Glaucoma Gets On Your Nerves

Glaucoma belongs to a group of eye diseases that can lead to blindness through damage to the optic nerve. This nerve sends visual cues to the brain, painting a picture of everything the eye currently sees. When not functioning properly, the optic nerve can leave blind spots in vision.

The pressure is rising

Every eye has a fluid called aqueous humor that distributes nutrition and helps the eye maintain a spherical shape. Although designed to exit the eye at regular intervals, blocked drainage channels can lead to excess fluid buildup. This event can cause a spike in ocular pressure that harms or destroys optic nerve cells.

No warning signs

In most cases, patients are unaware of the onset of glaucoma in one or both eyes. There are no symptoms to speak of at first, and damage occurs silently in the background. Only when optic nerve cells die do individuals notice blind spots or a loss of side vision. If left unchecked, the ailment can completely consume all vision in the eye.

Fight back against glaucoma

At this point in time, there is no way to reverse the damage caused by glaucoma. Any loss of sight due to the disease is permanent and, in many patients, is the first indication of having glaucoma. Regular visits with an eye doctor offer the best chance of catching the condition early and preventing such problems.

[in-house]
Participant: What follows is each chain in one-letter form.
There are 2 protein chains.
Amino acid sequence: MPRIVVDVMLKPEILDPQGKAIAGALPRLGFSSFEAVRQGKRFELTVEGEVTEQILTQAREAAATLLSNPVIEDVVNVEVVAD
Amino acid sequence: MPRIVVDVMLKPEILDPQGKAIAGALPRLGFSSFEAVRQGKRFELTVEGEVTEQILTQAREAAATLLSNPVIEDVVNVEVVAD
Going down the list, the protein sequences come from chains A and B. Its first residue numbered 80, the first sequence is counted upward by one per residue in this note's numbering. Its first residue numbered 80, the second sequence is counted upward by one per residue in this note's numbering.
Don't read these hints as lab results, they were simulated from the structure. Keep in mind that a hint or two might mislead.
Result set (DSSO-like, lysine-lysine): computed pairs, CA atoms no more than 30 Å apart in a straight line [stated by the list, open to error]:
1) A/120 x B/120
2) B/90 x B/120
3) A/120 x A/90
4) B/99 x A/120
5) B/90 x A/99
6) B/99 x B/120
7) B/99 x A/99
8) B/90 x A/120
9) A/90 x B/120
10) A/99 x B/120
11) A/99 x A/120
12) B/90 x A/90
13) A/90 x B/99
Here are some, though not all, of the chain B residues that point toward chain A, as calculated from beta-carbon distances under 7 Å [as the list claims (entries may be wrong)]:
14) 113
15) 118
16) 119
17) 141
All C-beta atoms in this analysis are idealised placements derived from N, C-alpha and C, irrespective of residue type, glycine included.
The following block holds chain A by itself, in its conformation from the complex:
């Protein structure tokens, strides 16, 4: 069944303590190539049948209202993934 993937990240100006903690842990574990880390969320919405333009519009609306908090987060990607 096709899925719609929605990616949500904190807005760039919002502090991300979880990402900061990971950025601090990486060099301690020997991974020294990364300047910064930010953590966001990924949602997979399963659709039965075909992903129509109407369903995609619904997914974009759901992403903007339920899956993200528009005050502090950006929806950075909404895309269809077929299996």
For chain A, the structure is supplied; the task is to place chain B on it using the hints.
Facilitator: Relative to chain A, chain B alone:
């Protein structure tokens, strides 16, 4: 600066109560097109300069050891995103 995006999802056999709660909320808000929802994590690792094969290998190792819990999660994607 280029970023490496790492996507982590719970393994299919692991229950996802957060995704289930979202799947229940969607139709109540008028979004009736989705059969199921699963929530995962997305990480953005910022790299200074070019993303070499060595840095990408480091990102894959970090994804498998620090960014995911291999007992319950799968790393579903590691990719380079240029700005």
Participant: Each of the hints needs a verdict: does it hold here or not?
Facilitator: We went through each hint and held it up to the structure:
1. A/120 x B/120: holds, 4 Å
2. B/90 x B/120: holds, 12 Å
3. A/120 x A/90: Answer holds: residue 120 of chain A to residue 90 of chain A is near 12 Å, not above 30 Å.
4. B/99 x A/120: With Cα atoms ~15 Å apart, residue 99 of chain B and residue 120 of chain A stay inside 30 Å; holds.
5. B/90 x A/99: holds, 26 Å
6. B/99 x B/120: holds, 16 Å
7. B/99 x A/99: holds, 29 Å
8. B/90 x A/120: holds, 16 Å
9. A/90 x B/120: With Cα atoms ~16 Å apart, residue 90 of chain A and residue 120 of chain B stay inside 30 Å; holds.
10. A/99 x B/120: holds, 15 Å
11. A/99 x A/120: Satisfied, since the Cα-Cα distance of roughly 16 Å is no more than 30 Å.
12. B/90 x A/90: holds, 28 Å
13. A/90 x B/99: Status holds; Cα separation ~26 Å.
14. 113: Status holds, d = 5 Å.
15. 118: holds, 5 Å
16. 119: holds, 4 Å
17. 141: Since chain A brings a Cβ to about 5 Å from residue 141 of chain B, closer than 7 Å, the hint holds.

Should an ophthalmologist detect some form of glaucoma, a treatment plan will be put in place to stop the disease from progressing further. Depending on severity, the first line of defense is eye drops to open restricted pathways or slow aqueous humor production. Patients with more severe cases may require laser treatment or surgery to reopen blocked drainage channels.

Glaucoma don’t keep me down

Patients catching glaucoma early on may be able to circumvent damage to the optic nerve altogether. In other cases, blindness from glaucoma typically begins on the sides of vision before working inward. Eye doctors can slow or stop the disease from worsening in hopes that patients can continue normal activities.

Even with treatment, 15% to 20% of patients still become blind in at least one eye over time. The Social Security Administration (SSA) is aware that significantly reduced vision can make work difficult. Anyone experiencing severe vision loss from glaucoma can qualify for disability benefits.

Tests you don’t want to pass

To meet the SSA’s requirements for disability, one of the following conditions must be met:

Central visual acuity with glasses or contacts must be 20/200 or less in the better eye. This represents how clearly a person can see straight ahead. This is the standard for legal blindness, and both eyes must be at this level or worse.

While focusing on a fixed point, a patient cannot see more than 20 degrees to the left or the right. Such a test deciphers how limited peripheral vision is and the potential repercussions in the workplace.

Visual efficiency in the better eye must be 20% or less while wearing glasses or contacts. This check looks at both central visual acuity and peripheral vision together.

An ophthalmologist is your best friend

In the ideal scenario, glaucoma never reaches the point where blindness begins to set in. 50% of people with the condition aren’t even aware damage is taking place. The only hope most patients have of accomplishing this is through the help of a physician.